NOAA said a G3 geomagnetic storm was observed at 1:10am EDT (6:10am BST) on April 10, leading to changes in the interplanetary magnetic field.
In the northern hemisphere, there’s a chance auroral activity resulting from the storm will last from Sunday to Tuesday (April 10 to April 12).
‘Enhancements in the auroral oval are possible over the next couple of days,’ the Met Office says.
‘Aurora may be visible under clear skies across Scotland and perhaps parts of far northern England and Northern Ireland on the night of 10th into 11th April.
‘The aurora oval is expected to gradually decline later on 11th and during 12th April, with aurora sightings becoming less likely.’
In the southern hemisphere, the aurora is also likely ‘under clear skies across high latitudes’ on the night of April 10-11, and will likewise gradually decline from April 11-12.
Solar activity is surpassing values predicted by NOAA and other weather agencies; in fact, measures of solar activity have been higher than expected since around late 2020.
In the Earth’s north, the Northern Lights are officially known as the aurora borealis, while in the south, the event is called aurora australis.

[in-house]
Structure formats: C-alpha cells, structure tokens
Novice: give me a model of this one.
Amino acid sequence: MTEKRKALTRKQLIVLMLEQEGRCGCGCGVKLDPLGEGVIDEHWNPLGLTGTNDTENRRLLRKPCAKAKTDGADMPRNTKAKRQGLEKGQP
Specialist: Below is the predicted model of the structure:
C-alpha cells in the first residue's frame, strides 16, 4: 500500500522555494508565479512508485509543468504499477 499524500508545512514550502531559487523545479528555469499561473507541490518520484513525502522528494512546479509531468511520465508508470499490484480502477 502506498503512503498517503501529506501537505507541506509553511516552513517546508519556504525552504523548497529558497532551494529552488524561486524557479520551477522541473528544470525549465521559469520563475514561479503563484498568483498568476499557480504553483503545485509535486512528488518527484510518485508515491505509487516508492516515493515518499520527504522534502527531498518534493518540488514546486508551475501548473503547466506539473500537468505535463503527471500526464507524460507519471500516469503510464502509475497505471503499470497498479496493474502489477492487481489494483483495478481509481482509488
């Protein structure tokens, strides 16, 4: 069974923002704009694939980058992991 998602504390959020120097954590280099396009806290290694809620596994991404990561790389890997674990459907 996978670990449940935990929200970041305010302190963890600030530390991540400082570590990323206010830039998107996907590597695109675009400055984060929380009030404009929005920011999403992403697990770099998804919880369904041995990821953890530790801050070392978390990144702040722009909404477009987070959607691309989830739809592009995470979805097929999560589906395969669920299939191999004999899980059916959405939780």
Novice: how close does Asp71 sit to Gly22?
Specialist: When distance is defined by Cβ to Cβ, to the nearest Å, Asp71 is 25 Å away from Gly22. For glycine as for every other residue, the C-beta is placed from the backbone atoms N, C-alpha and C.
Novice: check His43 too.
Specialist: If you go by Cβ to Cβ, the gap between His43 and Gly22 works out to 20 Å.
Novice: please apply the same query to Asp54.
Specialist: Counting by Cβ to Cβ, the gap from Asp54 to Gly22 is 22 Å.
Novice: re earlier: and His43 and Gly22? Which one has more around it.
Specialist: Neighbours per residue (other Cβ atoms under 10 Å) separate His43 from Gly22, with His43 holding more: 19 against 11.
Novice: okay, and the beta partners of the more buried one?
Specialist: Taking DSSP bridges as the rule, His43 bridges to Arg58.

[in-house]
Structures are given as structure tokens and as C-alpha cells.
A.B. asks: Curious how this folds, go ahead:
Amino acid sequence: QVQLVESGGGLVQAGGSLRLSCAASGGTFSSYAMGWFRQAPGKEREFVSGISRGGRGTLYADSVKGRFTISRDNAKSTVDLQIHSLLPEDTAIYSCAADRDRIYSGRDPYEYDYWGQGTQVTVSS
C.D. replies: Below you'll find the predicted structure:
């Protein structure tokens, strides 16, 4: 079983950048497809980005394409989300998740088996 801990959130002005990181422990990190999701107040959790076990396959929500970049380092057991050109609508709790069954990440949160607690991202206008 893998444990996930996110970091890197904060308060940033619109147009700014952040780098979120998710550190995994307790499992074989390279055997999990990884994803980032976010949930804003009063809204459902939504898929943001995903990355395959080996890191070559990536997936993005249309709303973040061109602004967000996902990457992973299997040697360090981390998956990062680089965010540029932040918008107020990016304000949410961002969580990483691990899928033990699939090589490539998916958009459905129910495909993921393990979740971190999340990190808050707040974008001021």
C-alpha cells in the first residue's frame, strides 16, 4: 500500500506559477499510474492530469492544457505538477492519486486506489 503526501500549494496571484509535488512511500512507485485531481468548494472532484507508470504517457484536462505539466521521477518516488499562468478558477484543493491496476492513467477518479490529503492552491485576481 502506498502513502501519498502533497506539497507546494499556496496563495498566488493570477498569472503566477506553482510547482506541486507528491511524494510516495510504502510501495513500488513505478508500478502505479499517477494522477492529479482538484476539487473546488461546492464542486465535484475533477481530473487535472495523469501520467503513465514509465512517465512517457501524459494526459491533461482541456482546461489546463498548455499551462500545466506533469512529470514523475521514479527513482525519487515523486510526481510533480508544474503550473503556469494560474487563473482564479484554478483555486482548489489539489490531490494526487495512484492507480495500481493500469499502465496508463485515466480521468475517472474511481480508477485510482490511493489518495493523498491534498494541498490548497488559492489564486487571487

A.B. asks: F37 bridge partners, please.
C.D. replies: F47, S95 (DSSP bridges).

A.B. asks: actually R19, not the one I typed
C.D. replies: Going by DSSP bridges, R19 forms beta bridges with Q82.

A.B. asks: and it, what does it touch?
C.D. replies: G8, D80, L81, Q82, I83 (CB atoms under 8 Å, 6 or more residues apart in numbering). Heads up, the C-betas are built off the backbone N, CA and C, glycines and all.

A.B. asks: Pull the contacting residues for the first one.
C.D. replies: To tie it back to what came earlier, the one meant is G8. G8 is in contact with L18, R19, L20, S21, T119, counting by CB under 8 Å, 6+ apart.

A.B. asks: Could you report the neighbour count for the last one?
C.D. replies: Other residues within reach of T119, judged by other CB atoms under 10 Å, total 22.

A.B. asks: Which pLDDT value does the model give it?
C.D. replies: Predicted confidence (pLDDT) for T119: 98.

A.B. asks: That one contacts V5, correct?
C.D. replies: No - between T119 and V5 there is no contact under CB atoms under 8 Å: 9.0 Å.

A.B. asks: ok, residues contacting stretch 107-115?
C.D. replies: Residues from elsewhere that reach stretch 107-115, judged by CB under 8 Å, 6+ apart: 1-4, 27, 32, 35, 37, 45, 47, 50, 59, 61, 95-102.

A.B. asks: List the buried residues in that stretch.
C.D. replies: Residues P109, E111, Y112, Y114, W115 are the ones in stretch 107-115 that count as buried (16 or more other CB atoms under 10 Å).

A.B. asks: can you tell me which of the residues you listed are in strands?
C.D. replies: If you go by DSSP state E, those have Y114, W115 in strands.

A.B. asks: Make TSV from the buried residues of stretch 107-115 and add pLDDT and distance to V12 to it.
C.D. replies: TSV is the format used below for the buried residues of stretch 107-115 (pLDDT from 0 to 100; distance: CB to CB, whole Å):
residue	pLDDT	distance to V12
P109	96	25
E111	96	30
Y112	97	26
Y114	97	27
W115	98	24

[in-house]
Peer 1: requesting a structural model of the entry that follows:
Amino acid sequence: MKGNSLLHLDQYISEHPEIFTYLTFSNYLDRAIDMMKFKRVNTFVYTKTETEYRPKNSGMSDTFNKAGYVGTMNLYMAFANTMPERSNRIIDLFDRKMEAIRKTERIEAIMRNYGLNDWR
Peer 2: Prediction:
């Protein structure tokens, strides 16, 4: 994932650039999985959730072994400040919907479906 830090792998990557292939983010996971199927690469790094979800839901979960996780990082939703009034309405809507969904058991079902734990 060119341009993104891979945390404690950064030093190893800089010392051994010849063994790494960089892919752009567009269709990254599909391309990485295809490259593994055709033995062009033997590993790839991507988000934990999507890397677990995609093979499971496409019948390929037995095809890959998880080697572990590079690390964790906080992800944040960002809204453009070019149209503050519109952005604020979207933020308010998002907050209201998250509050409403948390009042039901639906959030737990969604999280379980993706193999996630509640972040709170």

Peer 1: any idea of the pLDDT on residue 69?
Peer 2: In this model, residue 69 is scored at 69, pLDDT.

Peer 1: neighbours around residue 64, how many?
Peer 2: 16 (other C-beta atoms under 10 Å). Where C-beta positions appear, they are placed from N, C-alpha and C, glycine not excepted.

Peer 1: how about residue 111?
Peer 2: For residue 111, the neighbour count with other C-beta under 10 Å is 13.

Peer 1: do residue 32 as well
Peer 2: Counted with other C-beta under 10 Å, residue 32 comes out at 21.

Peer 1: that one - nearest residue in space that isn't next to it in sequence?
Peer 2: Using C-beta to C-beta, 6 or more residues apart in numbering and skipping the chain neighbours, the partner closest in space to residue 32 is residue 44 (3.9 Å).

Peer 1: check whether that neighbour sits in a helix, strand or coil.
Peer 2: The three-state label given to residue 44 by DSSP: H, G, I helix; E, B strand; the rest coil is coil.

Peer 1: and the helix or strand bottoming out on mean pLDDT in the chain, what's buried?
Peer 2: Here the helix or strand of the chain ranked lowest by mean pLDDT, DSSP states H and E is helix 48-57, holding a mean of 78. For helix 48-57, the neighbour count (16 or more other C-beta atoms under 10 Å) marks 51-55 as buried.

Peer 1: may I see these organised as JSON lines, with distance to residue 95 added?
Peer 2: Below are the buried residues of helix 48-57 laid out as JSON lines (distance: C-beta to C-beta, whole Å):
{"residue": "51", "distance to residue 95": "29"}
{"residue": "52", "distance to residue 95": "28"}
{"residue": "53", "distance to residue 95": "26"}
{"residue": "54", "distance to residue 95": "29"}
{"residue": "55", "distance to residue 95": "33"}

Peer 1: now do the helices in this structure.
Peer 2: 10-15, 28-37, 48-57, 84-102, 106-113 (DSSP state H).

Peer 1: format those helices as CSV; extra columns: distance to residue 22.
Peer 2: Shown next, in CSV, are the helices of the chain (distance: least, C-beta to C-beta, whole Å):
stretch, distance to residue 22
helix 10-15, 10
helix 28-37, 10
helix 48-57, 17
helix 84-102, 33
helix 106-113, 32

The aurora has fascinated Earthlings for centuries, but the science behind it has not always been understood.
Earth has an invisible forcefield, the magnetosphere, that protects us from dangerous charged particles from the sun.
The magnetosphere is the area around Earth controlled by the planet’s magnetic field.
The Northern and Southern Lights are natural light spectacles triggered in our atmosphere that are also known as the ‘auroras’.
There are two types of aurora: aurora Borealis, which means ‘dawn of the north’, and aurora australis, ‘dawn of the south.’
The displays light up when electrically charged particles from the sun enter the Earth’s atmosphere.
Usually the particles, sometimes referred to as a solar storm, are deflected by Earth’s magnetic field.
But during stronger storms they enter the atmosphere and collide with gas particles, including hydrogen and helium.
These collisions emit light. Auroral displays appear in many colours although pale green and pink are common.
Science communicator and author Marty Jopson explains: ‘Whilst it shelters us, it also creates one of the most impressive phenomena on Earth – the Northern Lights.’
‘When the deadly solar winds meet Earth’s magnetosphere, some of the charged particles get trapped, and are propelled down the Earth’s magnetic field lines straight towards the poles.